The group claims that So Numb is a record dealing with the concept of false safety, an idea that's even depicted on the album cover, where a mother tries to shield her child's eyes, creating the illusion of a safe space. Listening to the album, you feel like Sannhet rejects that notion of living inside a bubble -- an illusory world -- and instead meditates on life's imperfect escapes. Their eyes are wide open to all the pains of life, but also the joys that come alongside them, and that is why So Numb feels like such a complete work. It does not conceal anything, bad or good.

8

In the wake of Malcolm Young's passing, Jesse Fink, author of The Youngs: The Brothers Who Built AC/DC, offers up his top 10 AC/DC songs, each seasoned with a dash of backstory.

Editor's Note: Originally published 30 July 2014.

10. “Bedlam in Belgium”
(Flick of the Switch, 1983)

This is a massively underrated barnstormer from the boys off the much-maligned (unfairly, I think) Flick of the Switch. The album was missing Mutt Lange, but the Youngs did have his very capable engineer, Tony Platt, as co-producer in the studio at Compass Point in the Bahamas. Tony’s a real pro. I think he did a perfectly fine job on this album, which also features the slamming “Nervous Shakedown”.

But what I find most interesting about “Bedlam in Belgium” is that it’s based on a fracas that broke out on stage in Kontich, Belgium, in 1977, involving Bon Scott, the rest of the band, and the local authorities. AC/DC had violated a noise curfew and things got hairy.

Yet Brian Johnson, more than half a decade later, wrote the lyrics with such insight; almost as if he was the one getting walloped by the Belgian police: He gave me a crack in the back with his gun / Hurt me so bad I could feel the blood run. Cracking lyrics, Bon-esque. Unfortunately for Brian, he was removed from lyric-writing duties from The Razors Edge (1990) onwards. All songs up to and including 2008’s Black Ice are Young/Young compositions.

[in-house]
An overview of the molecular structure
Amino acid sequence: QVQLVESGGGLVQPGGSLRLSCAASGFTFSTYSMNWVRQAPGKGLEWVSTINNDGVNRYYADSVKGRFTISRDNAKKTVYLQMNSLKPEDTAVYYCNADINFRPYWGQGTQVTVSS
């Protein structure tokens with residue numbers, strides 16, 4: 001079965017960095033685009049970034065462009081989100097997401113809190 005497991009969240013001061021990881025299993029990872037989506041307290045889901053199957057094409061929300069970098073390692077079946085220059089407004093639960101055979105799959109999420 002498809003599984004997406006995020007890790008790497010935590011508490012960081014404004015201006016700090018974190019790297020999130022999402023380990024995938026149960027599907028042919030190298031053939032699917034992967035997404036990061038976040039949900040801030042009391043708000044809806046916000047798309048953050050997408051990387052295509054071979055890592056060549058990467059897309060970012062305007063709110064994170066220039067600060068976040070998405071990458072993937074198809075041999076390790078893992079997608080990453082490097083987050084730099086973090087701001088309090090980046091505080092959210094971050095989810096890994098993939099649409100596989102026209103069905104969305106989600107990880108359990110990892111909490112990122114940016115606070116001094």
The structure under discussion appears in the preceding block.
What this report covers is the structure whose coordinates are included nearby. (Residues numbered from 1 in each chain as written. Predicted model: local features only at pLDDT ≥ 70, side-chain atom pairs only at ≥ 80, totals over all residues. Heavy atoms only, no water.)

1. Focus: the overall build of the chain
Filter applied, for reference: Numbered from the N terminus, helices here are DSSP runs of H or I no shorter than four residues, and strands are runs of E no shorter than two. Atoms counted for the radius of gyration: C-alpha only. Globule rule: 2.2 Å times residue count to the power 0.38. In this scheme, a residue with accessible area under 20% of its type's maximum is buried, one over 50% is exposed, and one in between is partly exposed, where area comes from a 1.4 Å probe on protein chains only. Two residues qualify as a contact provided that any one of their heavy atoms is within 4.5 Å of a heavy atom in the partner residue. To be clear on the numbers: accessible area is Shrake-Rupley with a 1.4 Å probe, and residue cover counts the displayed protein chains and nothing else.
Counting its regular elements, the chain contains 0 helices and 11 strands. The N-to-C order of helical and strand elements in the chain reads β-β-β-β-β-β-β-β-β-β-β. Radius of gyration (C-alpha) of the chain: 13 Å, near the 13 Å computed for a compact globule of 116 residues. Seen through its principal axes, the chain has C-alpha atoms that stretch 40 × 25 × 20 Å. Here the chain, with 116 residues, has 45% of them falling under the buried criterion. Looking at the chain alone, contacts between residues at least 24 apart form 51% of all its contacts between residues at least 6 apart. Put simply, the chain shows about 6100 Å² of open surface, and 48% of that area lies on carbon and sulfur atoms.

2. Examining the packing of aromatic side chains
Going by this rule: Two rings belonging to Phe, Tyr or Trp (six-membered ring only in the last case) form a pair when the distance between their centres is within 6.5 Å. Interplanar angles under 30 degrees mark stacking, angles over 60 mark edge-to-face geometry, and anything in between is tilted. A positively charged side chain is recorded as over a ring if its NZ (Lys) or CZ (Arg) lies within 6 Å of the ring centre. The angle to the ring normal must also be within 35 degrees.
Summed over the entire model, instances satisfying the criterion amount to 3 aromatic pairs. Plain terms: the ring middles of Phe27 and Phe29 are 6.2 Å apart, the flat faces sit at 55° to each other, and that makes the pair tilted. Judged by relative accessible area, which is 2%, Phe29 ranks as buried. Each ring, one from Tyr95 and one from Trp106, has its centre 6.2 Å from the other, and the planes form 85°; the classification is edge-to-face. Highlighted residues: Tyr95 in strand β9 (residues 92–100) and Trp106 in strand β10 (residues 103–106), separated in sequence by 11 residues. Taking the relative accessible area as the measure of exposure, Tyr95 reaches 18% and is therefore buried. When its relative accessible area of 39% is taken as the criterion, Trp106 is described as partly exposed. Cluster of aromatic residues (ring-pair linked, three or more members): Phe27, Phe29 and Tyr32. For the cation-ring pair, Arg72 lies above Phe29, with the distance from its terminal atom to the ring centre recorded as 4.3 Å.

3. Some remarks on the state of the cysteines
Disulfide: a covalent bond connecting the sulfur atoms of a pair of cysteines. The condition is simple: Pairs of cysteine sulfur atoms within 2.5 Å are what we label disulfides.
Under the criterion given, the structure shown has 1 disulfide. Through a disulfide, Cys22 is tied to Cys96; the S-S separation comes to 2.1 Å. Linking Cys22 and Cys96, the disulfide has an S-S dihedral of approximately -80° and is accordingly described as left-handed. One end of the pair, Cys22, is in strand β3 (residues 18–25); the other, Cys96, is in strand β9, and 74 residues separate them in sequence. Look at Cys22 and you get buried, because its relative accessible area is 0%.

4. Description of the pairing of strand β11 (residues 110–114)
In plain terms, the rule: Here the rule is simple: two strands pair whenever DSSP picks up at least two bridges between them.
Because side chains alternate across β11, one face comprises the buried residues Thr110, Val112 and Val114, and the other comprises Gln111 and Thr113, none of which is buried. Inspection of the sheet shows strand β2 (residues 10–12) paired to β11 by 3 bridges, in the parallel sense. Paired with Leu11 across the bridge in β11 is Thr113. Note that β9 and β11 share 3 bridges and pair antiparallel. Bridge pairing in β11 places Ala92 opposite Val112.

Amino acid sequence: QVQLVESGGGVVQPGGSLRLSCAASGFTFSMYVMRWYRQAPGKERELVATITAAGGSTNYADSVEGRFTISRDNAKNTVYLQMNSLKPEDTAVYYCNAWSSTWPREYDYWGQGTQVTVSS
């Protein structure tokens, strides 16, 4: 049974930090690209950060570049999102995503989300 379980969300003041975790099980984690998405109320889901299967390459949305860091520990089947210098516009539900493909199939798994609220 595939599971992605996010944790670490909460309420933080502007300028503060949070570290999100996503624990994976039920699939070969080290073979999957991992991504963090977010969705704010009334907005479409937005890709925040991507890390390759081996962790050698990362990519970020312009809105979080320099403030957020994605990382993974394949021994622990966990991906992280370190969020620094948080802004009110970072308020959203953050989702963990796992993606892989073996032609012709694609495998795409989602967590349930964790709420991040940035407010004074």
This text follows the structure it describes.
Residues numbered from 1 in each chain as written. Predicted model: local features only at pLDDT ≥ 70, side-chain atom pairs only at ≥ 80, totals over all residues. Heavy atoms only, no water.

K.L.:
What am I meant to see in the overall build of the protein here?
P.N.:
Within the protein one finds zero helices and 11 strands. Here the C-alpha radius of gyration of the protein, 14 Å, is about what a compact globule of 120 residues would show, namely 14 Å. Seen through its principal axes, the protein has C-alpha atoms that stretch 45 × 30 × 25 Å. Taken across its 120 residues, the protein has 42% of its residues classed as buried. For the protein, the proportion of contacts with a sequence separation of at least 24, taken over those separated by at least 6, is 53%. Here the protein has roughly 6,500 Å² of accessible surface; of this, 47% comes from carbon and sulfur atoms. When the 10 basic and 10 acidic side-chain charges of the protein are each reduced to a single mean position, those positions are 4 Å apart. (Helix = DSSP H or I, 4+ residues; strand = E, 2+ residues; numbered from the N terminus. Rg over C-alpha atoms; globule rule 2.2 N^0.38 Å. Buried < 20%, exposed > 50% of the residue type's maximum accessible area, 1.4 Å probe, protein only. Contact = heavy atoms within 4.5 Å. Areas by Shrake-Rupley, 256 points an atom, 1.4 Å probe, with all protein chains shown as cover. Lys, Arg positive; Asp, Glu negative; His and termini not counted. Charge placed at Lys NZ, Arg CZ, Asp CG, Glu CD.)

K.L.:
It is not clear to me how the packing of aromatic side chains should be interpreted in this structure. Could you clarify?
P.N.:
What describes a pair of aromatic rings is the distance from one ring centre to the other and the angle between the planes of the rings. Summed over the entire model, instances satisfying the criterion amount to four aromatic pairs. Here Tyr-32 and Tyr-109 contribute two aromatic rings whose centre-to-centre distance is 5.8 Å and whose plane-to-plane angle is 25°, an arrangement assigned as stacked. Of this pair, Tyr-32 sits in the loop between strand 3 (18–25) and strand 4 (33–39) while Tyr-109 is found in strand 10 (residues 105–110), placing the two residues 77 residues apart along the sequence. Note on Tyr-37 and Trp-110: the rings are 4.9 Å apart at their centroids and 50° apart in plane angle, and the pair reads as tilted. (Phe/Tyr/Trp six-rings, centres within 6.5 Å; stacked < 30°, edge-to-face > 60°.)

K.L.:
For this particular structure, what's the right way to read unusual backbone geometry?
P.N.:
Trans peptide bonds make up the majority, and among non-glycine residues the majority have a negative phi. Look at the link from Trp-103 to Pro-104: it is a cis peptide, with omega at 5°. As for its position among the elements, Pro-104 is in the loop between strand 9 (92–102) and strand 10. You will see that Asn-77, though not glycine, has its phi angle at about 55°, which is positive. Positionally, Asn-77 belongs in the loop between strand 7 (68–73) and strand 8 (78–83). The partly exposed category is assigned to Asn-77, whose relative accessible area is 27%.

Who’ll be writing the songs on the new album AC/DC has been working on in Vancouver? AC/DC fans can’t wait to hear them. Nor can I.

 
9. “Spellbound”
(For Those About to Rock We Salute You, 1981)

"Spellbound" really stands as a lasting monument to the genius of Mutt Lange, a man whose finely tuned ear and attention to detail filed the rough edges of Vanda & Young–era AC/DC and turned this commercially underperforming band for Atlantic Records into one of the biggest in the world. On “Spellbound” AC/DC sounds truly majestic. Lange just amplifies their natural power an extra notch. It’s crisp sounding, laden with dynamics and just awesome when Angus launches into his solo.

“Spellbound” is the closer on For Those About to Rock We Salute You, the last album Lange did with AC/DC, so chronologically it’s a significant song; it marks the end of an important era. For Those About to Rock was an unhappy experience for a lot of people. There was a lot of blood being spilled behind the scenes. It went to number one in the US but commercially was a massive disappointment after the performance of Back in Black. Much of the blame lies at the feet of Atlantic Records, then under Doug Morris, who made the decision to exhume an album they’d shelved in 1976, Dirty Deeds Done Dirt Cheap, and release it in-between Back in Black and For Those About to Rock.

In the book Phil Carson, who signed AC/DC to Atlantic, calls it “one of the most crass decisions ever made by a record-company executive” and believes it undermined sales of For Those About to Rock.


 
8. “Down Payment Blues”
(Powerage, 1978)

This is one of the best songs off Powerage -- perhaps the high point of Bon Scott as a lyricist -- but also significant for its connection to “Back in Black”. There are key lines in it: Sitting in my Cadillac / Listening to my radio / Suzy baby get on in / Tell me where she wanna go / I'm living in a nightmare / She's looking like a wet dream / I got myself a Cadillac / But I can't afford the gasoline.

Bon loved writing about Cadillacs. He mentions them in “Rocker” off the Australian version of TNT and the international release of Dirty Deeds Done Dirt Cheap: Got slicked black hair / Skin tight jeans / Cadillac car and a teenage dream.